TABLE 1
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Table 1. Primary antibodies used in the present study.

Fluoro-Jade B Staining

The sections mounted on gelatin-coated slides were immersed in a solution containing 1% sodium hydroxide in 80% ethanol for 5 min and then, 70% ethanol for 2 min and distilled water for 2 min. The slides were then incubated in a solution of potassium permanganate for 15 min and subsequently in 0.001% FJB (Histo-Chem Inc. Jefferson, AR, USA). After staining, the slides were rinsed, dehydrated and mounted DPX. Two different investigators performed cell counts with optical dissector methods (Kim et al., 2014; Ko et al., 2015).

TUNEL Staining

TUNEL staining was performed with the TUNEL apoptosis detection kit (Merck Millipore, Bedford, MA, USA) according to the manufacturer’s instructions. Following TUNEL reaction, immunofluorescence staining for mitochondrial marker was performed. For nuclei counterstaining, we used Vectashield mounting medium with DAPI (Vector).

Western Blot

Aliquots were loaded into a polyacrylamide gel. After electrophoresis, gels were transferred to nitrocellulose transfer membranes. Membranes were incubated with primary antibody (Table 1), and visualized by an ECL Kit (Amersham). Intensity measurements were represented as the mean gray-scale value on a 256 gray-level scale. All results were normalized against β-Actin (1:2000; Sigma).

Data Analysis

One-way ANOVA was applied to determine statistical significance. Bonferroni’s test was used for post hoc comparisons. A p-value below 0.05 was considered statistically significant.

Results

SE Rapidly Increases LIMK2 Expression in CA1 Neurons Vulnerable to SE

Consistent with our previous report (Kim et al., 2014), LIMK2 expression in the hippocampus was increased to 1.99-fold of non-SE level 3 days after SE (p < 0.05 vs. non-SE animals, Figures 1A,B). LIMK2 siRNA effectively inhibited SE-mediated LIMK2 induction in the hippocampus (p < 0.05 vs. control siRNA, Figures 1A,B). Immunohistochemical study revealed that LIMK2 expression was increased to 2.37-fold of non-SE level in the CA1 pyramidal cells 3 days after SE (p < 0.05 vs. non-SE animals, Figures 1C,D), while intensity of NeuN expression was reduced 0.35-fold of non-SE level in this region (p < 0.05 vs. non-SE animals, Figures 1C,D). LIMK2 siRNA infusion attenuated up-regulation of LIMK2 induction and decrease in NeuN expression induced by SE (p < 0.05 vs. control siRNA, Figures 1C,D). LMB infusion did not affect LIMK2 expression in CA1 pyramidal cells 3 days after SE (data not shown). These findings indicate that up-regulation of LIMK2 expression may play an important role in the SE-induced CA1 neuronal death, and nuclear HMGB1 release may not be involved in up-regulation of LIMK2 expression induced by SE.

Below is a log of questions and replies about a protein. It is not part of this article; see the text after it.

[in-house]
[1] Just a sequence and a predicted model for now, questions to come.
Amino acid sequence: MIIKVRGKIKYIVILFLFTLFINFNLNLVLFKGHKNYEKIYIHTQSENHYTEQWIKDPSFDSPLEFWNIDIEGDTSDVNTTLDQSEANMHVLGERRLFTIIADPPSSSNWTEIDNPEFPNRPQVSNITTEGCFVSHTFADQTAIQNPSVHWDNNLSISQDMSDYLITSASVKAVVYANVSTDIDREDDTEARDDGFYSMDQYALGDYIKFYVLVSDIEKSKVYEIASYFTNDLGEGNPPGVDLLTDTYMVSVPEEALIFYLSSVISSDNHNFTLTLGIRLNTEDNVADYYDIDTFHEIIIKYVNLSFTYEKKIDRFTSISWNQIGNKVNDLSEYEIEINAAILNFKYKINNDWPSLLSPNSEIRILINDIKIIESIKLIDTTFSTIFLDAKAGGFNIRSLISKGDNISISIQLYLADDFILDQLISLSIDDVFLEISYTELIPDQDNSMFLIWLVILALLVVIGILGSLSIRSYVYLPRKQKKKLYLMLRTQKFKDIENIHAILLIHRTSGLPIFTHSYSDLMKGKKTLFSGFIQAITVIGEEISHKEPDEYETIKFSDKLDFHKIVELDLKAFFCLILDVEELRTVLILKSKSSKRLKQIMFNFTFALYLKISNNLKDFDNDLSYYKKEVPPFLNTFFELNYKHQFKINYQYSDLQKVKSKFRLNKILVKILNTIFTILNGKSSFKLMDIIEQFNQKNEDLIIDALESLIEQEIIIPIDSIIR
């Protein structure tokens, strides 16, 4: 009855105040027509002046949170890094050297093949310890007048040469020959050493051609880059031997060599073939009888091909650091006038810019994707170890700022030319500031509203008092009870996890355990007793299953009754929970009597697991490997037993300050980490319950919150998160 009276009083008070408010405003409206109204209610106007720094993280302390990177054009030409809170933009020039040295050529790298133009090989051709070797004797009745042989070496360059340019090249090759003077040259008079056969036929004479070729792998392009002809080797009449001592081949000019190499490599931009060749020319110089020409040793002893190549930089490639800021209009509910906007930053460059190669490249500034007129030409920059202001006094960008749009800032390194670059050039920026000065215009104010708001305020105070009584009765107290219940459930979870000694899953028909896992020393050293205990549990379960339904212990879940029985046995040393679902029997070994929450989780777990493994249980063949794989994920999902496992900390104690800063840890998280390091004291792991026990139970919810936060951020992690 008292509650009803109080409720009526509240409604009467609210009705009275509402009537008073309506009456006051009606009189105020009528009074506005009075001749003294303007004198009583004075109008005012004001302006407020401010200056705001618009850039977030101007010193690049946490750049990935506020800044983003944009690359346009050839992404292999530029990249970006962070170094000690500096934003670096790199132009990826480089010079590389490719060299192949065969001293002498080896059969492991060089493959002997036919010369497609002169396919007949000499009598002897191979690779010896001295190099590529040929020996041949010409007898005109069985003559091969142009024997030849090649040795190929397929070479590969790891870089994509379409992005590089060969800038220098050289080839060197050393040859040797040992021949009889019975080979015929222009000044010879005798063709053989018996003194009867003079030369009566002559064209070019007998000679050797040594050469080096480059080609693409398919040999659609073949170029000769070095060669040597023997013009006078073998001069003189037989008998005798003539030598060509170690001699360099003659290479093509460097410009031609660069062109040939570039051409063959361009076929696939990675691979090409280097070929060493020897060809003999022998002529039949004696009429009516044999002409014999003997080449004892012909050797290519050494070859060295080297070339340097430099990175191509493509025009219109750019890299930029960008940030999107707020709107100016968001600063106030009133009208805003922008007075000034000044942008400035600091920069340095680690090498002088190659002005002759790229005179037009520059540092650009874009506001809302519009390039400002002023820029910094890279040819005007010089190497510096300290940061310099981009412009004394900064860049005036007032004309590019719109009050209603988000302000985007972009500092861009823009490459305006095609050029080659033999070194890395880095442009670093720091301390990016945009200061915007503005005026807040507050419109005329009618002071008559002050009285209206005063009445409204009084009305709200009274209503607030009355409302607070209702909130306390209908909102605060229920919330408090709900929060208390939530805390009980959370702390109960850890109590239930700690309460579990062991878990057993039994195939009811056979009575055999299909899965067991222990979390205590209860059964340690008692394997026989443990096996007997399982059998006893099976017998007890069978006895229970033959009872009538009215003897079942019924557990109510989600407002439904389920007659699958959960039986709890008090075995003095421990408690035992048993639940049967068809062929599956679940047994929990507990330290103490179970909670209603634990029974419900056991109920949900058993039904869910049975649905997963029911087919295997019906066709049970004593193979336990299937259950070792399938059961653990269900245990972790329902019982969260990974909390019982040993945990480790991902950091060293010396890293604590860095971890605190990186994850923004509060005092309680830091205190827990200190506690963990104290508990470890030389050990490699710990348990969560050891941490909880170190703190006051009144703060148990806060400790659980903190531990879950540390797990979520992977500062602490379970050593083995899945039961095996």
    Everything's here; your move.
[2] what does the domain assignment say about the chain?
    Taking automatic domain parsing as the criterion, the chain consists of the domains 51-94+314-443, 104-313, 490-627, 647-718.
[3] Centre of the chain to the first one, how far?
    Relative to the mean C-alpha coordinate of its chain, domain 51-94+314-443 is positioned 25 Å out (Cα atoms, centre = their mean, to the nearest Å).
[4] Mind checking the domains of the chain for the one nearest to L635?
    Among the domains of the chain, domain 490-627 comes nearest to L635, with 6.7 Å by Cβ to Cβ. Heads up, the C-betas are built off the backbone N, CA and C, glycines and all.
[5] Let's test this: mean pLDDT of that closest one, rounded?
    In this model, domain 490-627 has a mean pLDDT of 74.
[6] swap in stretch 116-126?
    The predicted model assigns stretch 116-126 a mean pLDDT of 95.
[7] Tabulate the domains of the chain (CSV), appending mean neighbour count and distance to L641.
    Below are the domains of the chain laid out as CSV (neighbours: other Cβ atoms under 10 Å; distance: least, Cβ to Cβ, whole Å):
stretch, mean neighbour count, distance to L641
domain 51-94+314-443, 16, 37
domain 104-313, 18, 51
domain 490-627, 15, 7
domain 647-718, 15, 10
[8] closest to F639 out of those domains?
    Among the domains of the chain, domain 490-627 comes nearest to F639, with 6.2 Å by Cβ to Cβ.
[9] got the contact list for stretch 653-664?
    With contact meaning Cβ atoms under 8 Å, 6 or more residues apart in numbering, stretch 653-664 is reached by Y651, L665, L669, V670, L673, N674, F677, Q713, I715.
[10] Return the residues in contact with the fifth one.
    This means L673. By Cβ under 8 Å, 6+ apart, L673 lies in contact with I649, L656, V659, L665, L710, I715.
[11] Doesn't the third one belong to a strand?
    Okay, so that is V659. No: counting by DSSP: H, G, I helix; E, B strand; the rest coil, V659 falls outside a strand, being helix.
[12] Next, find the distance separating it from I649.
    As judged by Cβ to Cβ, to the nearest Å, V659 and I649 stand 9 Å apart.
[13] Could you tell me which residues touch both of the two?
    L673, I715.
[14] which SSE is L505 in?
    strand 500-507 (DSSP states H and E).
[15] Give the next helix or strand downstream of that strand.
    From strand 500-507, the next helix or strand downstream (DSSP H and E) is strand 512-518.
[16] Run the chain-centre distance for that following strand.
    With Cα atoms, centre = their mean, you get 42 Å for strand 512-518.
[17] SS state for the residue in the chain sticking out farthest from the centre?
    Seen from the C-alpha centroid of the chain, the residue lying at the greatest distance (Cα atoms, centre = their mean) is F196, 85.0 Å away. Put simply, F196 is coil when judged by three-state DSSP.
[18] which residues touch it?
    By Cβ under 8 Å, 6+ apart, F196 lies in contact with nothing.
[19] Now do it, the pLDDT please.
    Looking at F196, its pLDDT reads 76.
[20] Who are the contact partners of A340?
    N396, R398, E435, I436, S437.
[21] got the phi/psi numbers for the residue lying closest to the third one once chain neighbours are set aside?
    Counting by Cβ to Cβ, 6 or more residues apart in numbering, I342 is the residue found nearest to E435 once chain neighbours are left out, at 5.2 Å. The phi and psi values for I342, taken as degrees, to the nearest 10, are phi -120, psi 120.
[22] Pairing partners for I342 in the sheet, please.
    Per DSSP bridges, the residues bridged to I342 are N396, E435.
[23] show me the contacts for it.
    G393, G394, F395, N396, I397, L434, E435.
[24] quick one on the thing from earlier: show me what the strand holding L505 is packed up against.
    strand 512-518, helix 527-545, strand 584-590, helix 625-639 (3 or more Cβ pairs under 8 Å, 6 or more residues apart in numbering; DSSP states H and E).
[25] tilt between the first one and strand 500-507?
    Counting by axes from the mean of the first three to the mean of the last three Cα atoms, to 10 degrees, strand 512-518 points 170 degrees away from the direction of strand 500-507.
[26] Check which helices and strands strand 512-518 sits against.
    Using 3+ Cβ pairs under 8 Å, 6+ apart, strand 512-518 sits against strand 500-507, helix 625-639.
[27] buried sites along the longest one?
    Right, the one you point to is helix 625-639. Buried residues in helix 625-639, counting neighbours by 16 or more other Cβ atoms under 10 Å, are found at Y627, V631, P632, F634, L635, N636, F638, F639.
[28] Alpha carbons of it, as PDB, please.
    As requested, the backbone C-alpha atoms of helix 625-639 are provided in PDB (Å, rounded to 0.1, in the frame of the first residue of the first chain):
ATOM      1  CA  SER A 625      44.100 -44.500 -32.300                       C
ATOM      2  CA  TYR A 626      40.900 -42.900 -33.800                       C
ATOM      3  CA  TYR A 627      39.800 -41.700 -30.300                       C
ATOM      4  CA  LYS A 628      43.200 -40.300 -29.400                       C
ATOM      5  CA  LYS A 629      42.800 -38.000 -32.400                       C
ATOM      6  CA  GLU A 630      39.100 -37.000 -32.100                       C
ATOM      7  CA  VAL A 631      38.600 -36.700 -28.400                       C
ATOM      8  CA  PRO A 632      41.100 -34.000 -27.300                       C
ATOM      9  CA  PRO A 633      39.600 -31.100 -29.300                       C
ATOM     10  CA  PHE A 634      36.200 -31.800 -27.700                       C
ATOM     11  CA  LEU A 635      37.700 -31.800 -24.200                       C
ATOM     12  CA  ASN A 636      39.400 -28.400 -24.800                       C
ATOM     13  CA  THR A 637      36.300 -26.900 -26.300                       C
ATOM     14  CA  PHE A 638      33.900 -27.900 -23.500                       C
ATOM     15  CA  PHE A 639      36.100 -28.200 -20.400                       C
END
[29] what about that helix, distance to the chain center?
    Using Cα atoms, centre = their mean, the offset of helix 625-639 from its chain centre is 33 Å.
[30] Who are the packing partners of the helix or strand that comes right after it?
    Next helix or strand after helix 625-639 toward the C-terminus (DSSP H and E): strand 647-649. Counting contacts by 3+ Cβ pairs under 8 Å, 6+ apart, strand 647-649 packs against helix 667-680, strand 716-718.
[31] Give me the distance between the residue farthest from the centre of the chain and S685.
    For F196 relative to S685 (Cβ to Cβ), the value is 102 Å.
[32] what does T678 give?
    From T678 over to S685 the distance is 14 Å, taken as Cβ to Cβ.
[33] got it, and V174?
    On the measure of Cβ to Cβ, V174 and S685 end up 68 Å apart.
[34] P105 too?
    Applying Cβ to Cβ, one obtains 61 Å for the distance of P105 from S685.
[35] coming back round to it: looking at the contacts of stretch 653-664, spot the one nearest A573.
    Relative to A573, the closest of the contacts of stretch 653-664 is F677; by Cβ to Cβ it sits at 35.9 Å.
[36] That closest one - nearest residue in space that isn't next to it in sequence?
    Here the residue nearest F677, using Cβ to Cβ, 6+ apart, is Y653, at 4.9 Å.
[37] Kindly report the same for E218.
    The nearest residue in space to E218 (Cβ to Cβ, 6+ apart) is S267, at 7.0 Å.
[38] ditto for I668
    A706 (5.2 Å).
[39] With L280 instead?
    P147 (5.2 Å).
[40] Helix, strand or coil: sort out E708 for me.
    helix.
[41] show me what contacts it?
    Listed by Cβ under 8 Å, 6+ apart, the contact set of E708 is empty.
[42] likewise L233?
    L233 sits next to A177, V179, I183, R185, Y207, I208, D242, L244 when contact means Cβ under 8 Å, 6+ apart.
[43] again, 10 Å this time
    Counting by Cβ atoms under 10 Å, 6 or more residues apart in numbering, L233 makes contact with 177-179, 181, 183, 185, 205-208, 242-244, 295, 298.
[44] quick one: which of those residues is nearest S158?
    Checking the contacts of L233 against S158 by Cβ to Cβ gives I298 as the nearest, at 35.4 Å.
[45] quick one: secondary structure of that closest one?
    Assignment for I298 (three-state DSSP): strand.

FIGURE 1
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Figure 1. Effect of LIM Kinase 2 (LIMK2) knockdown on status epilepticus (SE)-induced alterations in LIMK2 protein expression at 3 days after SE. (A) Western blot image of LIMK2 protein expression in the hippocampus. As compared to control siRNA, LIMK2 siRNA infusion effectively inhibits up-regulation of LIMK2 expression following SE. (B) Quantitative values (mean ± SEM) of LIMK2 expression level in the hippocampus, based on western blot (n = 7, respectively). *p < 0.05 vs. non-SE; #p < 0.05 vs. control siRNA. (C) Representative photographs of LIMK2 and NeuN in CA1 neurons. Following SE, LIMK2 expression is elevated in CA1 neurons. LIMK2 siRNA attenuates SE-induced LIMK2 induction in CA1 neurons. Scale bar = 25 μm. (D) Quantitative values (mean ± SEM) of LIMK2 and NeuN expression intensity in CA1 neurons, based on immunofluorescent images (n = 7, respectively). *p < 0.05 vs. non-SE; #p < 0.05 vs. control siRNA.

LIMK2 siRNA and LMB Inhibit Nuclear HMGB1 Release Induced by SE

Since translocation of HMGB1 from the nucleus to the cytoplasm indicates the necrotic degeneration of various cells (Scaffidi et al., 2002; Faraco et al., 2007; Kim et al., 2014), we investigated whether LIMK2 knockdown or LMB affects SE-induced nuclear HMGB1 export induced by SE. In non-SE animals, HMGB1 expression was restricted to nuclei in CA1 neurons, and the fraction of HMGB1 positive neurons in total CA1 neurons was 94% (Figures 2A,B). Three days after SE, the number of total CA1 neurons was decreased to 36% of non-SE animals, and the fraction of HMGB1 positive neurons in total CA1 neurons was also reduced to 12% (p < 0.05 vs. non-SE animals, Figures 2A,B). Both LIMK2 siRNA and LMB effectively attenuated nuclear HMGB1 release and neuronal death induced by SE (p < 0.05 vs. control siRNA and vehicle, respectively, Figures 2A,B), but LIMK2 siRNA was more effective than LMB (p < 0.05, Figures 2A,B). These findings indicate that nuclear HMGB1 export may be involved in SE-induced neuronal death.